ABS is a psychological condition, especially in llamas and alpacas. Alpacas, who humans have raised, have a higher chance of experiencing this condition. In fact, there may be some nurturing aspect to this syndrome, meaning it could develop.
Alpacas with ABS are more dangerous because they can suddenly attack, scream, bite, spit, and sometimes lay on top of people. This extreme behavior is rare; it is incurable and irreversible without intensive training. In all of my research, I’ve only heard of a few cases where alpacas with ABS were able to be trained out of the behavior – and it required them to live in a large herd of alpacas.
Alpacas who show signs of ABS need to be immediately examined by veterinarians before taking further action.
Reason #4: The Rabies virus can affect alpacas.
I know we’d all like to think that rabies is a thing of the past – but it’s not. It’s still very much naturally found in the wilds of North America.
In fact, there was a reported case in 2016 in South Carolina wherein a female alpaca started to show signs of aggression towards another alpaca and other animals. Her owners thought she has a severe illness so; she underwent a clinical evaluation to know if she has any sickness. During the clinical period, she showed signs of aggression like biting other animals and disorientation to things. Later on, tests confirmed that she was positive for rabies.
Sadly, the alpaca had to be euthanized because of it, and the whole farm where she lived went into an enforced quarantine to prevent further cases of rabies.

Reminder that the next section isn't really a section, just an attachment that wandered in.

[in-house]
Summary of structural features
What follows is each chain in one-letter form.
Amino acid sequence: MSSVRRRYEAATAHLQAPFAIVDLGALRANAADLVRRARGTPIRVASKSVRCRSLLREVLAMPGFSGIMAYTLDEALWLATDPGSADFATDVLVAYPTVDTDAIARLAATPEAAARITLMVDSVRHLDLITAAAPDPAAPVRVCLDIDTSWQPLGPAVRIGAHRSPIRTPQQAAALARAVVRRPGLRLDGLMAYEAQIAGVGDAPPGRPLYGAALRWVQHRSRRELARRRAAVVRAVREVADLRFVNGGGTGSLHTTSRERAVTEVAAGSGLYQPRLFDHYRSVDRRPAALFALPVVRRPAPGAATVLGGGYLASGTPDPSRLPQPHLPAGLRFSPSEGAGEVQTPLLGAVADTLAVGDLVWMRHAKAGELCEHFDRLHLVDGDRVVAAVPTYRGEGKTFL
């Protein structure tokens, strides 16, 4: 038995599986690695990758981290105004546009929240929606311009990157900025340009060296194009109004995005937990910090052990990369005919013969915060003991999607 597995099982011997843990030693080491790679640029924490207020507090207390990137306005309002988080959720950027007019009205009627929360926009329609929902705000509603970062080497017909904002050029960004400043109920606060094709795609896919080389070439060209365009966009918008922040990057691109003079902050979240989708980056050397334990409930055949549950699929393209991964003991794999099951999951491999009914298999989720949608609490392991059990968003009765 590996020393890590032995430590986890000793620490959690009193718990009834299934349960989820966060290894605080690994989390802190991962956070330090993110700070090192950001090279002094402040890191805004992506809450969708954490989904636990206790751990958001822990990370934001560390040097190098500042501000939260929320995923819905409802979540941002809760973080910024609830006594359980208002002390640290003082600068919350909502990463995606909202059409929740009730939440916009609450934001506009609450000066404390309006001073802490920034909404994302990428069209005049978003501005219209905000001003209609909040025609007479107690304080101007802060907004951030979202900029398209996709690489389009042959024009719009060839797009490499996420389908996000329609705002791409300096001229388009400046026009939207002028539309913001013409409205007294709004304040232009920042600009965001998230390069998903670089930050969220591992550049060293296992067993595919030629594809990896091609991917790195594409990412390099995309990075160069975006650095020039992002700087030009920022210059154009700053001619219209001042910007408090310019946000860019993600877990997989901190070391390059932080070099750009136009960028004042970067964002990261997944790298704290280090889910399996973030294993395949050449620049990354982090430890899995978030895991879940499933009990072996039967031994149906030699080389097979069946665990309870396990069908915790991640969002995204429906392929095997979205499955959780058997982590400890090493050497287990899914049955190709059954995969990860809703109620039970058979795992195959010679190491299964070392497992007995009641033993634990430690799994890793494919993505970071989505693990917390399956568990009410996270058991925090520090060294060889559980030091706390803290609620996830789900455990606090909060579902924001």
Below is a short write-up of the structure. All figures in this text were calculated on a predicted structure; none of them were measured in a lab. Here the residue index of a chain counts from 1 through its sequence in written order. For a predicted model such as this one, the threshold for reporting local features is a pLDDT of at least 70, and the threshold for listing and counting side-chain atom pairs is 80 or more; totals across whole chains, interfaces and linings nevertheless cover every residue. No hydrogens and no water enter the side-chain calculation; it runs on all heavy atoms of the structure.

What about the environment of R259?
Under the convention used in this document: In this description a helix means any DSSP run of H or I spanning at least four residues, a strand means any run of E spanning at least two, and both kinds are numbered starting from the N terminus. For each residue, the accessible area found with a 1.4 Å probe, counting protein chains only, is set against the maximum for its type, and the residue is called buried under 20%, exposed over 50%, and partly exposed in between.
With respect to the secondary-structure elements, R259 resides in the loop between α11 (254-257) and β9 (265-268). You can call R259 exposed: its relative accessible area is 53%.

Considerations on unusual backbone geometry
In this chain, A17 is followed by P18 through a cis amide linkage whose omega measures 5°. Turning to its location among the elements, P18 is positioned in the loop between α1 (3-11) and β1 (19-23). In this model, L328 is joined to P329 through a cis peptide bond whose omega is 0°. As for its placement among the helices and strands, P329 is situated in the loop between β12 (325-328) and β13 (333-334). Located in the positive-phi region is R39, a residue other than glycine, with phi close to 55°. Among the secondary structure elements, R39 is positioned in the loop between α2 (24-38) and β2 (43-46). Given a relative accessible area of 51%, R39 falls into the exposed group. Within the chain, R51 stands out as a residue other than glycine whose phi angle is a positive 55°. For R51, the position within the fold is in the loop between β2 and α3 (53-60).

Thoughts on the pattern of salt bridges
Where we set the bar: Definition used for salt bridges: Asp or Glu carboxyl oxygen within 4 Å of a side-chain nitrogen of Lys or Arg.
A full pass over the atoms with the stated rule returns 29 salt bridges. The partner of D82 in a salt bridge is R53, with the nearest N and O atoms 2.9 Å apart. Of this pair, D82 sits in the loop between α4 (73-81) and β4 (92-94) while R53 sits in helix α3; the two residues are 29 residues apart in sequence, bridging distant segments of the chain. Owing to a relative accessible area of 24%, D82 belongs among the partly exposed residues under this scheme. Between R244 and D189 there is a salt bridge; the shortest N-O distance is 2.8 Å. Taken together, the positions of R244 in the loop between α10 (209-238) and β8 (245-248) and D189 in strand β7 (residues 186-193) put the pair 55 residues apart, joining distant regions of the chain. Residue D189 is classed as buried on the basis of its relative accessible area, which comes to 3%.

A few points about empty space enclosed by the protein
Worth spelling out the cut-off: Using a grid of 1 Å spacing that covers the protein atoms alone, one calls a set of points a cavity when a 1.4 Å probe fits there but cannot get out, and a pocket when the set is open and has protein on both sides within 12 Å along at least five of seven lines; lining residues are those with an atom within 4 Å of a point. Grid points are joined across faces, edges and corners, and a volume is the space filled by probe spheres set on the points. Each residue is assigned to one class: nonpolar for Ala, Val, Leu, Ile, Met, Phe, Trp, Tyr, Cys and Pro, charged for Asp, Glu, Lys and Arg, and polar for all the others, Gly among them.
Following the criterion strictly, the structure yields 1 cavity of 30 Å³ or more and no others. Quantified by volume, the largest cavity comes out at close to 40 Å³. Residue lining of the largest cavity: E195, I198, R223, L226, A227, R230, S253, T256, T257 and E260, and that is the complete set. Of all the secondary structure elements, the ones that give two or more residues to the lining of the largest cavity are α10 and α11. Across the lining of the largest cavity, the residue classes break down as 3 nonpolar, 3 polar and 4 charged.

So rabies among alpacas can happen, even if it is rare.
Reason #5: Some alpacas bite just because, but it’s not harmless.
Sometimes alpacas bite other alpacas or themselves for any other reason, including accidentally. Sometimes they bite themselves to get an itch. Others may be ill, and prone to self-harm by biting due to the illness. However your alpacas come by biting, it is a serious matter because it can lead to a severe infection called an abscess.
According to Ohio State University – Veterinary Teaching Hospital (OSU-VTH), they admit between 900-1100 alpacas and llamas each year with abscesses. Many of the abscesses are within the biting animal’s mouth. This infection can be due to alpacas biting their cheek, which can damage the periodontal membrane in their teeth because of the penetration of food particles.
Translation: alpacas with dirty mouths bite, and then the bite site gets infected. This is usually in their own mouth, but it can also be on the skin of other animals.
Thankfully, the alpaca’s fiber can help protect it from many bites – helping to lower the incidence of nasty abscesses.
OSU-VTH literature also says that alpacas who have abscesses show signs of decreased appetite and an overall poor body condition. Alpacas who bite at themselves should be examined by a veterinarian to check if they have it to be immediately isolated from other alpacas.
Reason #6: Alpacas bite when play-fighting with each other.
Young alpacas like to play a lot, and it can lead to them fighting each other. This is normal behavior for them. It helps them hone the fighting skills they’ll need as adults to protect valuable resources and establish their breeding rights.